So if we have a completely different way of being and a completely different mindset, why should we try to bolt on an old way of being and an old mindset? Does God even desire to relate to us that way, now that the veil of the Temple has been torn, and now that the once-for-all sacrifice has been made? (In other words, now that the Jewish religion is over.) Paul asks this of the Galatians in the next verse, “Are you so foolish? Having begun by the Spirit, are you now being perfected by the flesh?…Does He who supplies the Spirit to you and works miracles among you do so by works of the Law, or by hearing with faith–just as Abraham ‘believed God, and it was counted to him as righteousness’?” (Galatians 3:3-6) Which law do we obey to hear God’s voice? Which law do we obey to prophesy? Which law do we obey to heal the sick? Again, the new life in the Kingdom of God is a totally different paradigm than the old life of religious observance, and Paul warns us about the dangers of mixing the two.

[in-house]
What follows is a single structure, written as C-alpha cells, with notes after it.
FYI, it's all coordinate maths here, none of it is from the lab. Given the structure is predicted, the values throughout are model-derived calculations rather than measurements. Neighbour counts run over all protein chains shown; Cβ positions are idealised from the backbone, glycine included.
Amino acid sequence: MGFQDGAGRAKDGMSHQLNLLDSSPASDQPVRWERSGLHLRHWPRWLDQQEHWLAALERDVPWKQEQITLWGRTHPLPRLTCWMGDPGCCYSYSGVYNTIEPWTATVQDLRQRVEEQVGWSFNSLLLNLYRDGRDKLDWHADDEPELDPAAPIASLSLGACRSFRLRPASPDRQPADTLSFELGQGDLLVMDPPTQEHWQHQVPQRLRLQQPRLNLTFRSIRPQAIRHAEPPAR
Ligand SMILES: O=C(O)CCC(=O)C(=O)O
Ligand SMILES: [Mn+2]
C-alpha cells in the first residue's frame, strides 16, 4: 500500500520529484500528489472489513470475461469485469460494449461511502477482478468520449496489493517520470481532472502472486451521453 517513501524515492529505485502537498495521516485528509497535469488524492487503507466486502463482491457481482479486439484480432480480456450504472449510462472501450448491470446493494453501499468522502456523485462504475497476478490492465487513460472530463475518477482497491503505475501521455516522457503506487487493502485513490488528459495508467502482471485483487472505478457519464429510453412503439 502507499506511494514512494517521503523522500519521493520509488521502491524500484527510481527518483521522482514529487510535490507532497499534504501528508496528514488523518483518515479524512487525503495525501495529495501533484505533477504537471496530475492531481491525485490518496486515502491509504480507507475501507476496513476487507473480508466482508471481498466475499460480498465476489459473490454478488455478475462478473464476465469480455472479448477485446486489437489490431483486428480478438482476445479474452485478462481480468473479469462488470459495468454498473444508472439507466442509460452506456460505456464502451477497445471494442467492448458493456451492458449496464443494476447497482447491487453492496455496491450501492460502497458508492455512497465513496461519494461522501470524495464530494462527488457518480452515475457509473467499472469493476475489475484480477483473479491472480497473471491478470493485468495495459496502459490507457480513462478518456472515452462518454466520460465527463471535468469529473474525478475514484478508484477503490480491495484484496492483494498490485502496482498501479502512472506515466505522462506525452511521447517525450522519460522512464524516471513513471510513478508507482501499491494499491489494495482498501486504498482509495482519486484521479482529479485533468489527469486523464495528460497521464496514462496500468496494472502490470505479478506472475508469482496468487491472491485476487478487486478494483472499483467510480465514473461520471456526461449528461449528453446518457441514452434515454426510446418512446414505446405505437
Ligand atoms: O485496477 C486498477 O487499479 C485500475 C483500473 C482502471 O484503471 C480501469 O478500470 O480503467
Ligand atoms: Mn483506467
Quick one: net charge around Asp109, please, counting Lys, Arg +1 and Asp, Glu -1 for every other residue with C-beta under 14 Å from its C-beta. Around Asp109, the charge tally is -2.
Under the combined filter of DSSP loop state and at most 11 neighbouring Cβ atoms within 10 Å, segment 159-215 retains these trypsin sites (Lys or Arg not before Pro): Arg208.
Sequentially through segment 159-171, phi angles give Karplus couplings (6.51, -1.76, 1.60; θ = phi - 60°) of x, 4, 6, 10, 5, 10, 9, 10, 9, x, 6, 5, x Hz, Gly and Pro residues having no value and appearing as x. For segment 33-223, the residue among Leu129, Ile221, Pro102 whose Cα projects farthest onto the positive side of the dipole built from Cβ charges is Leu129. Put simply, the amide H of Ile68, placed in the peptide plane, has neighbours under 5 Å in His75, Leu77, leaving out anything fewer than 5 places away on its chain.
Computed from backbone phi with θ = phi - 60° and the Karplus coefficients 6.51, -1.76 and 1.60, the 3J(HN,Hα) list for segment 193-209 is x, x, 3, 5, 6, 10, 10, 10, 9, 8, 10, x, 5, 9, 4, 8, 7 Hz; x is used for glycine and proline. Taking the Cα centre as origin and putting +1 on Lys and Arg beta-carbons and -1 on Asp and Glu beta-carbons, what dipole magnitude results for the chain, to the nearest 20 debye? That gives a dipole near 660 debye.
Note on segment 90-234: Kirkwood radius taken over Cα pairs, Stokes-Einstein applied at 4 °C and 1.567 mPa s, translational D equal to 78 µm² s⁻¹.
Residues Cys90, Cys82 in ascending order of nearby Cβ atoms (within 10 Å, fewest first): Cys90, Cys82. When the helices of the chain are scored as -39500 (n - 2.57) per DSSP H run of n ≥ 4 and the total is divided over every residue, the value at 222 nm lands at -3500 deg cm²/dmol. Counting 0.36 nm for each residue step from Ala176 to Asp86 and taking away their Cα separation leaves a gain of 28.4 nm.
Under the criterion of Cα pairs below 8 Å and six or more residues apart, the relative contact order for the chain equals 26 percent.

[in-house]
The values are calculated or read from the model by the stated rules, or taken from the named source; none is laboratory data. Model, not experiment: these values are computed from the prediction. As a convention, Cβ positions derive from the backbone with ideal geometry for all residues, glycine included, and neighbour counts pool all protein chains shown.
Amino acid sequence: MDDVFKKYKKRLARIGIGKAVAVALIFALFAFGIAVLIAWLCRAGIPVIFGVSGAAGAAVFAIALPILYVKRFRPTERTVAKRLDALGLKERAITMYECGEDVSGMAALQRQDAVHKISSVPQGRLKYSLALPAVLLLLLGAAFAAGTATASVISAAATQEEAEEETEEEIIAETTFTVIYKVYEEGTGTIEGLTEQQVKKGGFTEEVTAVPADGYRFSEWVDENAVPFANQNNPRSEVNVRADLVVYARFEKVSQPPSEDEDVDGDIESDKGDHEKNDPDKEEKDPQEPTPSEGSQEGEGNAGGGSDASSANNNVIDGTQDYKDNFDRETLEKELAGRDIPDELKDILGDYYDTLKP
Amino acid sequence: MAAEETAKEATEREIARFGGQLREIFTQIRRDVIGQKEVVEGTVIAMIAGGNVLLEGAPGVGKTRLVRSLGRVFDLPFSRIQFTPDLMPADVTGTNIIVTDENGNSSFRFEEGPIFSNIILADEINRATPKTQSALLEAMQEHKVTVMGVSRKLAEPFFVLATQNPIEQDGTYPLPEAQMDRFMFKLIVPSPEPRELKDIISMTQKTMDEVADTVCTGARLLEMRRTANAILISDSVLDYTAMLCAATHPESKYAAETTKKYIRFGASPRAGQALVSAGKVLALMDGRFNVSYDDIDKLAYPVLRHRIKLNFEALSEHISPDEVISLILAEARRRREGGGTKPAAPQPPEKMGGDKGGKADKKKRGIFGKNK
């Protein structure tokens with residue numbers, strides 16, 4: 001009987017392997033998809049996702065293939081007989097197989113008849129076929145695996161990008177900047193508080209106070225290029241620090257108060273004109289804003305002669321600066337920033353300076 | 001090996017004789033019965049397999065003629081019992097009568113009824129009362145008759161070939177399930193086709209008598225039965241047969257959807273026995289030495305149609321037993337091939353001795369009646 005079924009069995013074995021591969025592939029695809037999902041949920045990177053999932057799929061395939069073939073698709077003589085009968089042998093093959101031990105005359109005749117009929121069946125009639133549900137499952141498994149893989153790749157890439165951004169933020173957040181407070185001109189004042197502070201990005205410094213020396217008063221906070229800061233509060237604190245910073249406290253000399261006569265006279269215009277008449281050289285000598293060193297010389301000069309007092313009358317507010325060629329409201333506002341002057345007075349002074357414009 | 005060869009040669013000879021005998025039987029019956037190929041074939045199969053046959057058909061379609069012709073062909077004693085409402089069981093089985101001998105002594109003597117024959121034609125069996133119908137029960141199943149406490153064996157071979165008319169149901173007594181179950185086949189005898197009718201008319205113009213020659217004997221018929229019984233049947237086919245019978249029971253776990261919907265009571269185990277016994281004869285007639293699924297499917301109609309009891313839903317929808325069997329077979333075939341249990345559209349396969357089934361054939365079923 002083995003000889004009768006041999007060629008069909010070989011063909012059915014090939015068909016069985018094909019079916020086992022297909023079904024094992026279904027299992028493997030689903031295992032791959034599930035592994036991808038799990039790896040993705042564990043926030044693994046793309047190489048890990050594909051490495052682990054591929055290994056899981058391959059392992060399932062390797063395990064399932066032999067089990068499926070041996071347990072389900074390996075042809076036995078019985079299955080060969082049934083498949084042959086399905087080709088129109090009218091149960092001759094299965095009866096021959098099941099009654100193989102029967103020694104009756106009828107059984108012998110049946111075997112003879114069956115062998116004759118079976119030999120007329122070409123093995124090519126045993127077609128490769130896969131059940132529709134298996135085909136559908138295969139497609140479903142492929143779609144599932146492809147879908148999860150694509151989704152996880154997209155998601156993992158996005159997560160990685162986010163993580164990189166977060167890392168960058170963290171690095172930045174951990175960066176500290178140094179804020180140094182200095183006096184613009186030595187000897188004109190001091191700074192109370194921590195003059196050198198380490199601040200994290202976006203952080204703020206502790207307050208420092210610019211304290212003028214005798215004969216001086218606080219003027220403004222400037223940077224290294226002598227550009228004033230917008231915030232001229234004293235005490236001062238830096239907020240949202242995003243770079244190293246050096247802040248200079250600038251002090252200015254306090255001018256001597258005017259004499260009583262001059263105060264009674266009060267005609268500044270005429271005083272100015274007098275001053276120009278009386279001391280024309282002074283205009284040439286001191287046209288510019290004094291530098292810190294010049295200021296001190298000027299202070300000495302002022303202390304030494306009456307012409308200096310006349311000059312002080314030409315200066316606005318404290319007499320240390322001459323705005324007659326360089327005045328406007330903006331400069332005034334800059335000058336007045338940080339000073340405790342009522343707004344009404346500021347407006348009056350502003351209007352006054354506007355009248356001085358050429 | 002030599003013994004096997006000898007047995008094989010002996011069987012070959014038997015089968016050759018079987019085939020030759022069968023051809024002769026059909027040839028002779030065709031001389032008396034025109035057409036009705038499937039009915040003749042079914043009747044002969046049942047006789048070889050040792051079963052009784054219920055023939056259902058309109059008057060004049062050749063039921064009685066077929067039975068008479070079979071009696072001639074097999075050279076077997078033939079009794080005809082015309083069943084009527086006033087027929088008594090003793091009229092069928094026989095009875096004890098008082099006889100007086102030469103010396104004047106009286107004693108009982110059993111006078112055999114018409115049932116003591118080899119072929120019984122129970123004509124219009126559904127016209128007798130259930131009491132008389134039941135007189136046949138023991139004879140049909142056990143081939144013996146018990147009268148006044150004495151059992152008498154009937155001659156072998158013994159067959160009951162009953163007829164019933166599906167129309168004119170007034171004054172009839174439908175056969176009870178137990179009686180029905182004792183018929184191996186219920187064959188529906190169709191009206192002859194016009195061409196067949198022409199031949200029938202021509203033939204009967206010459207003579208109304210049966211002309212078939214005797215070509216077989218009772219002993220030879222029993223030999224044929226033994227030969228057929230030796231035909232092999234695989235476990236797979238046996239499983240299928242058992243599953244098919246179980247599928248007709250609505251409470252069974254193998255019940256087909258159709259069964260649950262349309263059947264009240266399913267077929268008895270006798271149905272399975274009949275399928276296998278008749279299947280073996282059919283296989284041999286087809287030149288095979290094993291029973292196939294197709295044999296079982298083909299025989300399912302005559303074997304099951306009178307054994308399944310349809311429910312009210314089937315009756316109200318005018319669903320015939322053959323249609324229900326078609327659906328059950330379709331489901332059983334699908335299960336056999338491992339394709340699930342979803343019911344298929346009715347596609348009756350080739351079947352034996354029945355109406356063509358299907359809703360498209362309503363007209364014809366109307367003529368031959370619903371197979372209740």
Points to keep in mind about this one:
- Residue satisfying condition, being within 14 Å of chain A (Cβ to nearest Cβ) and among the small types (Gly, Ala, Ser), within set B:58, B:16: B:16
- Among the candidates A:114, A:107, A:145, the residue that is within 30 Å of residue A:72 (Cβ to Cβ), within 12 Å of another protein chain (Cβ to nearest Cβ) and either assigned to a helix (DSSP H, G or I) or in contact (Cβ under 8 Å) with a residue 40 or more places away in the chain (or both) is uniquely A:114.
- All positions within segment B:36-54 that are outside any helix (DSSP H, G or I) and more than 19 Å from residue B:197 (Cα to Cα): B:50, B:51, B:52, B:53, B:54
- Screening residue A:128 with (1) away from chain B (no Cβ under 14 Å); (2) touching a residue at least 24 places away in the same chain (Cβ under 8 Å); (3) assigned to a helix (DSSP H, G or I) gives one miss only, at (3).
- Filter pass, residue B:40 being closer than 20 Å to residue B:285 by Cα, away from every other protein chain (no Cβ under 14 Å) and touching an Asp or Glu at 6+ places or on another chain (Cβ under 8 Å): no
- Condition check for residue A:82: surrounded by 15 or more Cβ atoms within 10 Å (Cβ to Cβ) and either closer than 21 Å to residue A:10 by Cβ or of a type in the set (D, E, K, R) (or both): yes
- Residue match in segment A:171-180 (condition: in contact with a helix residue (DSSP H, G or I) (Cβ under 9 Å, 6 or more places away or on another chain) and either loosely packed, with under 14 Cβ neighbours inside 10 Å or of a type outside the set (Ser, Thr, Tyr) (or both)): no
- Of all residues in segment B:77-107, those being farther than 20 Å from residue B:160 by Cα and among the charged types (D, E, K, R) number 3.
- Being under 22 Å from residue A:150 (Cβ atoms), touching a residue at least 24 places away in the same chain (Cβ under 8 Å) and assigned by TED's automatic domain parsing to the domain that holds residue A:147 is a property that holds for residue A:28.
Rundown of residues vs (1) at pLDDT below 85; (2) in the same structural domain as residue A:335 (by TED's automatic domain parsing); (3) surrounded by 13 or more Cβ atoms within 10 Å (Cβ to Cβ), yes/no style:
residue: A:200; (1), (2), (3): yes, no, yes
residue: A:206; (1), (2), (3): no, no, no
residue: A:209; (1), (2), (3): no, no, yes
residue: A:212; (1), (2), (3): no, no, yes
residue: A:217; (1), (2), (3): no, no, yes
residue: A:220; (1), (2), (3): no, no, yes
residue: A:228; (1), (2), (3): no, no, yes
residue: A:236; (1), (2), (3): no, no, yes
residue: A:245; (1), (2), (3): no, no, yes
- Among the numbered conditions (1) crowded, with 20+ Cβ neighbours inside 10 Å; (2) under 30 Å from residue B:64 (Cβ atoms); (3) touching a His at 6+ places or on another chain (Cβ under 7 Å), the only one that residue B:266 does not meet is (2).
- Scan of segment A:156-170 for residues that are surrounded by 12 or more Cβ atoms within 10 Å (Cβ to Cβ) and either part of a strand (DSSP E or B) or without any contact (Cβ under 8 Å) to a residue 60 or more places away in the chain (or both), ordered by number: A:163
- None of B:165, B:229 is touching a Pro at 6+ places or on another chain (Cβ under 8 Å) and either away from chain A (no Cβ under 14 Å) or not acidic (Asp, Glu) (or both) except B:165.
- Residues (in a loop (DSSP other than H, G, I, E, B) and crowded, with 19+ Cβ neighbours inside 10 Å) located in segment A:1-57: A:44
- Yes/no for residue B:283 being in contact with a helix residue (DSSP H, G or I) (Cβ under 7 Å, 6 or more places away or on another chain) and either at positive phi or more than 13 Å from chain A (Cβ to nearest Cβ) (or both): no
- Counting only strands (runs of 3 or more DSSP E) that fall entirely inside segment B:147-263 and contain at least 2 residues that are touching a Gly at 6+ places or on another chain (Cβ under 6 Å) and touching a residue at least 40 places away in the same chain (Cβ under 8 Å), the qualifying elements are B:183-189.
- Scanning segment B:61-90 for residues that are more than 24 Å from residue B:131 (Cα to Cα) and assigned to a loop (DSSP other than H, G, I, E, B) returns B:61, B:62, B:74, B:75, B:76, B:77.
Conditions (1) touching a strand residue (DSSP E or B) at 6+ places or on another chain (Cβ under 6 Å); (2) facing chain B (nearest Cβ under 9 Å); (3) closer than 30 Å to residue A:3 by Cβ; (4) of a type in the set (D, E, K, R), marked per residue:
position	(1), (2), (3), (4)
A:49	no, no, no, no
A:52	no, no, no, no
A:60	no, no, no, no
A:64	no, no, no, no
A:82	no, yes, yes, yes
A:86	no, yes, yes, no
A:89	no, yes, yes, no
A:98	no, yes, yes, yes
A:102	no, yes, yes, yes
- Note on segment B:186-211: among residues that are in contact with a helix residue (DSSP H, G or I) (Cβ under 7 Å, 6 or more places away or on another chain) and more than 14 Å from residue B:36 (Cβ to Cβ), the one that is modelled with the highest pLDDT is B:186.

Why Am I Pursuing This Discussion? What Do I Hope to Gain?
You may wonder what I hope to gain from all this study. It is very clear that I and my HRM friends have hermeneutical lenses that determine how we understand verses like 1 John 5:3. I don’t think that I am going to convince my friends to think otherwise, and they certainly have not been convincing to me. So what is the purpose of such a long discussion if not to win “converts” to my point of view?
- First and foremost, studying and writing about these things have been an act of worship as I gain more understanding of His Kingdom, and what He has done for humanity, and in me. The subject of the indwelling of the Holy Spirit in the born again children of the King just gets deeper and the water tastes sweeter. Wow!